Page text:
Although the Amendment was defeated 38-35 in the U.S. Senate in 1946, the idea of having an equal rights amendment began to gain momentum during the progressive social movements of the 1960s, most notably the Civil Rights Act of 1964. U.S. Rep. Martha Griffiths reintroduced the proposed amendment in Congress in 1971, bringing the ERA back to the forefront. It was approved by the House of Representatives in 1971, the Senate in 1972, and 35 of the necessary 38 states by 1977.

Then support stalled in part by an effective anti-amendment campaign, notably led by the conservative crusader Phyllis Schlafly. Congress voted to extend the ratification deadline from 1979 to 1982. No additional states ratified the amendment during this period, while Idaho, Kentucky, Nebraska, Tennessee, and South Dakota revoked their ratifications.

Following the advent of fourth-wave feminism and the #MeToo movement, Nevada ratified the ERA in 2017, followed by Illinois in 2018. Virginia’s political leaders intend to put the ratification to vote in 2020. Three Penn experts discuss the feasibility and impact of the ratification: Kathleen M. Brown and Maria Murphy of the Alice Paul Center for Research on Gender, Sexuality, and Women, as well as legal historian Mary Frances Berry. The Center is named for Paul who received a Ph.D. from the University of Pennsylvania in 1912 and joined the National American Women’s Studies Association during her time here, beginning her activist work.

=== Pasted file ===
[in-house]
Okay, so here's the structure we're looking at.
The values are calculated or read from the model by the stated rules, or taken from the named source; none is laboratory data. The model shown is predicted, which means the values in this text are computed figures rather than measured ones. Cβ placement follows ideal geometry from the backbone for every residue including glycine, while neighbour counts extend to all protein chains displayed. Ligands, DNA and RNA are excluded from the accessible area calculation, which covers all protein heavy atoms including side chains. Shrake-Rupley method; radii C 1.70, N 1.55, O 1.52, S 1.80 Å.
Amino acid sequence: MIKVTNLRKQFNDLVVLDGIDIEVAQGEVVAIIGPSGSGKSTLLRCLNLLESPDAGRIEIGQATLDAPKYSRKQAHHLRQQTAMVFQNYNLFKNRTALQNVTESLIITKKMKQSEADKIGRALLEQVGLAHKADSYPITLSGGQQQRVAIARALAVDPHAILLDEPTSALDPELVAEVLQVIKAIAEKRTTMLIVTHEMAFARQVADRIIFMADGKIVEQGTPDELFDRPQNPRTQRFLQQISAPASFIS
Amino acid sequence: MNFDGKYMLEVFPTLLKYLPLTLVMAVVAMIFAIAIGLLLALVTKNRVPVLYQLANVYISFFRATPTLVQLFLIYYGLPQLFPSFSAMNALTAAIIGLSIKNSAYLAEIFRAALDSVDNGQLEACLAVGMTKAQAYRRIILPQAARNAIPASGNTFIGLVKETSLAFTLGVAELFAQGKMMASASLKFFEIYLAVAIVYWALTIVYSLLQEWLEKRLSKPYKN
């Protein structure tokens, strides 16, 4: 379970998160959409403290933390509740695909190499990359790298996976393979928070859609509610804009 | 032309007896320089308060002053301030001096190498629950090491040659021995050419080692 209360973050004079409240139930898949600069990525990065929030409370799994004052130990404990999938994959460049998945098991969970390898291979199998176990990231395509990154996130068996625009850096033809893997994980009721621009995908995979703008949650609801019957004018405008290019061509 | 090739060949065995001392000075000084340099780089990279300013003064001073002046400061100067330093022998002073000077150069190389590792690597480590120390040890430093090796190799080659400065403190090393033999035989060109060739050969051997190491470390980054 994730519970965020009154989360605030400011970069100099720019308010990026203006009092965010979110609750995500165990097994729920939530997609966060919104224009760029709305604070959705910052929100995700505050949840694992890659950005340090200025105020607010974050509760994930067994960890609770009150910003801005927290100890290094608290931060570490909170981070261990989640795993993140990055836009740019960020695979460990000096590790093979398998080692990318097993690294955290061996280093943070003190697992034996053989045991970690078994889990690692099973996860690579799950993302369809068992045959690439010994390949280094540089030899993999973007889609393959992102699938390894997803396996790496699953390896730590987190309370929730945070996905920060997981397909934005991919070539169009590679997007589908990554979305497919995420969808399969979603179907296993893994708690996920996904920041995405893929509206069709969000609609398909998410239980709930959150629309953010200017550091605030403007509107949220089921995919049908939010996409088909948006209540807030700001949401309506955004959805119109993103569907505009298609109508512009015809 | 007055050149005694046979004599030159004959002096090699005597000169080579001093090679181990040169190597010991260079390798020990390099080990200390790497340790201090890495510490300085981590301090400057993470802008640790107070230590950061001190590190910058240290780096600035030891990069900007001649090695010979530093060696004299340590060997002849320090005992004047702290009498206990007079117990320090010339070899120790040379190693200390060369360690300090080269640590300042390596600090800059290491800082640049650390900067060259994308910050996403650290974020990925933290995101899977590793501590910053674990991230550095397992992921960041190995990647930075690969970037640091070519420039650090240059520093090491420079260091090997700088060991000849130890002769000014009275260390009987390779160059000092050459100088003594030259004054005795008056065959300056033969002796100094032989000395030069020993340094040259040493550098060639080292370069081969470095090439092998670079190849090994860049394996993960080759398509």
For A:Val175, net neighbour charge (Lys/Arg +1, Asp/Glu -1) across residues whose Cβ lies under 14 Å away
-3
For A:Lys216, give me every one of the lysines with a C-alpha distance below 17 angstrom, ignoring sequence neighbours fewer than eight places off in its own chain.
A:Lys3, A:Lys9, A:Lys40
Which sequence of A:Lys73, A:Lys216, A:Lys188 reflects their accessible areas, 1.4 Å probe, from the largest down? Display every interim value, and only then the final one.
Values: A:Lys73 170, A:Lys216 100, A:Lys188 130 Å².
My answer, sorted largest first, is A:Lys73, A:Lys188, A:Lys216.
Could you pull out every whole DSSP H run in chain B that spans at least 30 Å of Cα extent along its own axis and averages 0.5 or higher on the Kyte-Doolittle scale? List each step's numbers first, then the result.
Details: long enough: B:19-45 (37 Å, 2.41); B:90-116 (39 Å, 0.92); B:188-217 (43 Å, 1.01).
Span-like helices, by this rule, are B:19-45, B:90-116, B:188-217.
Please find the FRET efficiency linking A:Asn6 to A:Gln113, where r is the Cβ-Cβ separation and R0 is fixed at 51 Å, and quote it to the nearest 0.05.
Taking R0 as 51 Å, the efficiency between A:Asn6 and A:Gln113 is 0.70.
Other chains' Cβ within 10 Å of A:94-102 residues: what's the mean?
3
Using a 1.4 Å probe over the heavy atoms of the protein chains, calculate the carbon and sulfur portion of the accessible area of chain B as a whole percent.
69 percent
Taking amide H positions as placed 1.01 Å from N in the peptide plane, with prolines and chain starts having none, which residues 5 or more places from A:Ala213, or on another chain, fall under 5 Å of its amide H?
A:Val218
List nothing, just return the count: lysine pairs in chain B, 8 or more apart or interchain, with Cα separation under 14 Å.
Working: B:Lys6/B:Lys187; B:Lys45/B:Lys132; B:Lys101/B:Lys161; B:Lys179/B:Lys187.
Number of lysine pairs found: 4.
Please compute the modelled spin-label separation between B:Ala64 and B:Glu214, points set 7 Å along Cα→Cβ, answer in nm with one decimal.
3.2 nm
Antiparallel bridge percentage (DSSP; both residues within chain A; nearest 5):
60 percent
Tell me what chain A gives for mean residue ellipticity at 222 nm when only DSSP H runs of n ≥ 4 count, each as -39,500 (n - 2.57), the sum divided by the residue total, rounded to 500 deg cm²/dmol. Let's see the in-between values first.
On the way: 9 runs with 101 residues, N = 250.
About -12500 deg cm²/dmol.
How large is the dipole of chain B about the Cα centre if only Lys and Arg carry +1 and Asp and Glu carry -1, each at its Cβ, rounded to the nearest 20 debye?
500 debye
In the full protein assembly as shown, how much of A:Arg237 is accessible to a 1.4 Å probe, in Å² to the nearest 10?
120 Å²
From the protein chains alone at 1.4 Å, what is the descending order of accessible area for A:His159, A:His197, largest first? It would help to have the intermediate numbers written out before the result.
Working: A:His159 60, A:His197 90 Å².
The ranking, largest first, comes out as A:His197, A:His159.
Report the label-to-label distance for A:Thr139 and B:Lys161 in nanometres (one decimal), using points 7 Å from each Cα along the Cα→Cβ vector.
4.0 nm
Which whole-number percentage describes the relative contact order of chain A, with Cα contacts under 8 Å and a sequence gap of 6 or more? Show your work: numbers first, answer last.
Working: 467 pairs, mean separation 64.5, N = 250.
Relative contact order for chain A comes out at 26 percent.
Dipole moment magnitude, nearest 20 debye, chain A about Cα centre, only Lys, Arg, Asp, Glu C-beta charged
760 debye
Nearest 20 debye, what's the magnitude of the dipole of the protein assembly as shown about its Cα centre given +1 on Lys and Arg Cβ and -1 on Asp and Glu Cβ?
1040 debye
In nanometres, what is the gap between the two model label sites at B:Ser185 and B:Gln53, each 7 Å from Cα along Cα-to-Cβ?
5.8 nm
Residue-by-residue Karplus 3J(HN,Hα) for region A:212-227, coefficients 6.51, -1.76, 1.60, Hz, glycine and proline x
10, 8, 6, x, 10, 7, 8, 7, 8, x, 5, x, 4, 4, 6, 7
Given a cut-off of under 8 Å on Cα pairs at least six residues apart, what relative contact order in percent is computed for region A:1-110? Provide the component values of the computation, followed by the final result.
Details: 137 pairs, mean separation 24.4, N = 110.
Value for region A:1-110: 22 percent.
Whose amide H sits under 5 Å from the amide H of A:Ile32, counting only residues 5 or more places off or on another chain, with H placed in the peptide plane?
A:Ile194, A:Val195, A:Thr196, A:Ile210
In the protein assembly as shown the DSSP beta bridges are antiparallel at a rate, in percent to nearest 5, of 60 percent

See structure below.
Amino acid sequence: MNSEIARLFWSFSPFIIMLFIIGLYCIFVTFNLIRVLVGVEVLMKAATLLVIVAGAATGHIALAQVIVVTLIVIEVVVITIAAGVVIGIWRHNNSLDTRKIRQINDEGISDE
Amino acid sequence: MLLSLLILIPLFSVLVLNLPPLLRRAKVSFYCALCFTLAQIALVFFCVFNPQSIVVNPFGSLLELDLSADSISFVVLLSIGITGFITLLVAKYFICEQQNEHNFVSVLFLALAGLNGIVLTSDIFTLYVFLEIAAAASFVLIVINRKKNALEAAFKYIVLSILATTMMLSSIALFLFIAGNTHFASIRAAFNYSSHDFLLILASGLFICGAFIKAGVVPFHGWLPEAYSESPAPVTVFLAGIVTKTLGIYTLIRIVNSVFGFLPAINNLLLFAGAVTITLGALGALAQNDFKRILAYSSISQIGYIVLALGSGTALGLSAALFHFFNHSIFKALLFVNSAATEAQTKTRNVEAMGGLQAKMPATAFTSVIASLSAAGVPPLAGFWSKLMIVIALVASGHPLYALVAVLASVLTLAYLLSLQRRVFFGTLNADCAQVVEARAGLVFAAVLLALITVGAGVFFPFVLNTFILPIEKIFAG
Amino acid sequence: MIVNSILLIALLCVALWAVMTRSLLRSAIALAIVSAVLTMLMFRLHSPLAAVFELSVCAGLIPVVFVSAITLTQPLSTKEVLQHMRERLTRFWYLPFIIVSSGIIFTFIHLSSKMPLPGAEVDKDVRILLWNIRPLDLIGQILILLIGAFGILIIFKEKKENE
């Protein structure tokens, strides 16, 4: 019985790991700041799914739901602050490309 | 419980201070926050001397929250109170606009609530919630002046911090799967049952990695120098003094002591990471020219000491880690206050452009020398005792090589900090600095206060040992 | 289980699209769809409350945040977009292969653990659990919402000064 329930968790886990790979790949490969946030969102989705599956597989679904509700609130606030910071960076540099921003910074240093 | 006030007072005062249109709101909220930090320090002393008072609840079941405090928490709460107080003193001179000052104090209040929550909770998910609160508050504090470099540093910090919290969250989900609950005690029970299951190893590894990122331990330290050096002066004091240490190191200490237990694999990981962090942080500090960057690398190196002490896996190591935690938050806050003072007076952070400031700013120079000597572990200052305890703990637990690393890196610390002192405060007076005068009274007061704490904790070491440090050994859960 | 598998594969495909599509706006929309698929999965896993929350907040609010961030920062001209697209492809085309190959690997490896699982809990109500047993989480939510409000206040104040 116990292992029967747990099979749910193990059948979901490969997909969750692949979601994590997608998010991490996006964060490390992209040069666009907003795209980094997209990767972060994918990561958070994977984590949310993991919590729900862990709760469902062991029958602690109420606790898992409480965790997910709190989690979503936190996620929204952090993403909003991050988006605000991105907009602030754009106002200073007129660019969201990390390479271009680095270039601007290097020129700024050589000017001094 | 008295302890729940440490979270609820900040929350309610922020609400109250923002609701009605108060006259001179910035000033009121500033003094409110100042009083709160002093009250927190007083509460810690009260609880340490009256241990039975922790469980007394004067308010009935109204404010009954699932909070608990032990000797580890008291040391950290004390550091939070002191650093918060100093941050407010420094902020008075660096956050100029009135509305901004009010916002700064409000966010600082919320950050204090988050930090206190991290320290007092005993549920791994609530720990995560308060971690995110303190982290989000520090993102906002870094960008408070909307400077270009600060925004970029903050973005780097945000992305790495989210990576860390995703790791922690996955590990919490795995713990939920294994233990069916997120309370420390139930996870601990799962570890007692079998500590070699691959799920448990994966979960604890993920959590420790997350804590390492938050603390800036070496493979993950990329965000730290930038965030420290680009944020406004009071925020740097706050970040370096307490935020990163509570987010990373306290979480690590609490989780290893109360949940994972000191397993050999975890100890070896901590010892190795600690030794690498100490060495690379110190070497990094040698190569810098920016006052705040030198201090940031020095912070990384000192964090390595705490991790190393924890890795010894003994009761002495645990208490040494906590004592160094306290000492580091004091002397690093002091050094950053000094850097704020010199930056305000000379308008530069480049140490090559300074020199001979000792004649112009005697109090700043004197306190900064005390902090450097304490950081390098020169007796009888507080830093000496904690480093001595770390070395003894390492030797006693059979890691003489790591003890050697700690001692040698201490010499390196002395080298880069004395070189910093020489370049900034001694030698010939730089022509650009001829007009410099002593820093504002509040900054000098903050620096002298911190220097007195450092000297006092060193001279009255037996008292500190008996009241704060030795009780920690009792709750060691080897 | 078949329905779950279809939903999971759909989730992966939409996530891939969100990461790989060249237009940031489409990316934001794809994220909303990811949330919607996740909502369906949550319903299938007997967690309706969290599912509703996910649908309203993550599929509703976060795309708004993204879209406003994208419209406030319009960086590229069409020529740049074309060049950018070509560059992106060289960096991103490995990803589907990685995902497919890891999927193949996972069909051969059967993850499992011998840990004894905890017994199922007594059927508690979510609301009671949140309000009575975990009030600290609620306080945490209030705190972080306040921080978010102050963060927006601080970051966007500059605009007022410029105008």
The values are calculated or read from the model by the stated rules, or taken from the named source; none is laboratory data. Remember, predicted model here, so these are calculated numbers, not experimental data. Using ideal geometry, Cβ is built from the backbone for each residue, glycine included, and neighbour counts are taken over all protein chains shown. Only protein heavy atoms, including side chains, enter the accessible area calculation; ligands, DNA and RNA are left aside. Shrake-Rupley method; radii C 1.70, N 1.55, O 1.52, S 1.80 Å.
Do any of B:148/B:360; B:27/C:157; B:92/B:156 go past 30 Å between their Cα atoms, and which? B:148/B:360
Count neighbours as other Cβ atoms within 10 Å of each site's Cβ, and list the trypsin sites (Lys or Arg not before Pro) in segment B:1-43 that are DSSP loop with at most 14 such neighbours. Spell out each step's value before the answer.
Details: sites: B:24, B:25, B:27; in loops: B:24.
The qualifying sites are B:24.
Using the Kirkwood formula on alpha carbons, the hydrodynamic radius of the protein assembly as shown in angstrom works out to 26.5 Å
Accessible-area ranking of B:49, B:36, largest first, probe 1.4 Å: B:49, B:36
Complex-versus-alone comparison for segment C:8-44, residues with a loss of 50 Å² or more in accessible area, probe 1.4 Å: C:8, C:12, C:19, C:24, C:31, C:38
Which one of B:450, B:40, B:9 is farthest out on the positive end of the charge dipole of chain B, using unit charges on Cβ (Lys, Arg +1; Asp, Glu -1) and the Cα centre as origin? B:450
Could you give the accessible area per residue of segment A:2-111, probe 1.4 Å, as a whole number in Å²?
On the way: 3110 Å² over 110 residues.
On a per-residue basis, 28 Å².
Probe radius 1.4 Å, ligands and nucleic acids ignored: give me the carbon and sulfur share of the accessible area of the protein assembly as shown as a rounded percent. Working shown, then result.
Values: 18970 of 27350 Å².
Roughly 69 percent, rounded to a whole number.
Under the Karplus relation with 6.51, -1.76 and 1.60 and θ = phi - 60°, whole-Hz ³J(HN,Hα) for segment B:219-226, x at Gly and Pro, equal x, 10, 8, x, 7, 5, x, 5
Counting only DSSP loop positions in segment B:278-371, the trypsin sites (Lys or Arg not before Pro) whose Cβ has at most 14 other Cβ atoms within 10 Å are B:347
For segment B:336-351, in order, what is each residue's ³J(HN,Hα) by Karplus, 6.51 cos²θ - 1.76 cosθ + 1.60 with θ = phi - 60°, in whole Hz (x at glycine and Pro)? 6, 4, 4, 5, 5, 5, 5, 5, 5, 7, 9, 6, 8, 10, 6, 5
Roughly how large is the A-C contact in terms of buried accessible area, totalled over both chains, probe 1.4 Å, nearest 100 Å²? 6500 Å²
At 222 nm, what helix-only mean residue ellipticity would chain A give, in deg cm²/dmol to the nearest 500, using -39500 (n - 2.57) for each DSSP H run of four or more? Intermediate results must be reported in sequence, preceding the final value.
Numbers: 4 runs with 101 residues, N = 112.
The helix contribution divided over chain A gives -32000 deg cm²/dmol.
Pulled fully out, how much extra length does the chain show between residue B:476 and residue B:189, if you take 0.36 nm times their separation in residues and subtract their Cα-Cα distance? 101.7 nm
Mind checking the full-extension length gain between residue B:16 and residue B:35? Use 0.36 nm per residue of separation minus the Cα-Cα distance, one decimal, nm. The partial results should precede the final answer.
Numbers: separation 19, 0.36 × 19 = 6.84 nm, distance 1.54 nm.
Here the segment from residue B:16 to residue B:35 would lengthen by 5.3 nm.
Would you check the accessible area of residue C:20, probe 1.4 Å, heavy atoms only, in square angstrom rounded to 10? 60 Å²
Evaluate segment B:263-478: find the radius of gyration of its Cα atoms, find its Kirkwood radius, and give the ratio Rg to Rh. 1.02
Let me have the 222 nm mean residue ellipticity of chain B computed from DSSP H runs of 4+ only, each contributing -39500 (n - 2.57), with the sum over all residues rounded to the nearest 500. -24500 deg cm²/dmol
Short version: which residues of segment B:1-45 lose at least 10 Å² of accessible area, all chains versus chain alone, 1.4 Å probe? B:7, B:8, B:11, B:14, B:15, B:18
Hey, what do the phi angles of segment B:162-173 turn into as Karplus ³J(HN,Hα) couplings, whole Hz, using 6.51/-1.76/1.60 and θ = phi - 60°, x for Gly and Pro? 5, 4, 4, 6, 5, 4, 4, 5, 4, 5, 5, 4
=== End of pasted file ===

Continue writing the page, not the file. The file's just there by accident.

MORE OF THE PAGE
Why was the ERA not ratified during the original time frame?

Mary Frances Berry: While a federal constitutional amendment seemed a logical next step to Alice Paul and her party, it was not to those who wanted women to have the right to vote but did not want men and women to be treated equally in other cases. There was little discussion on the principle of the equality of rights and much on whether the ERA would violate traditional family values. The factors of time, demonstrating necessity, regional and state diversity as elements in gaining consensus in the states, the positive influence of negative Supreme Court decisions, and the expectation of disinformation spread by the opponents all helped to stall the Equal Rights Amendment.

At the same time, ERA proponents failed to convince a majority of women in enough states that the amendment was essential to their equal rights while dispelling fears that the ERA would make other changes in their lives that they did not desire. ERA supporters need an effective public relations approach, which can build a sense of necessity that the Constitution would be perfected by including the principle of equality of rights for women as an essential component of republican government in a democratic society.

Many of the reactionary social issues Schlafly raised as negative consequences of the ERA in the 1970s have already come to pass: same-sex marriage, women in the military, and all-gender restrooms. What does this say about how society influences legislation and vice versa?

Berry: Every single one of those changes noted came about because of social movement pressure, which changed the narrative as well as public perception of what women should do and men should do. Many of the traditional ideas were no longer relevant, for example when people realized that we have all-gender restrooms on airplanes. The way society has changed, women are in the workplace and many women work because they have to, including women with families. If someone like Phyllis Schlafly started to raise these issues again, they would most likely not seem as relevant as it did then.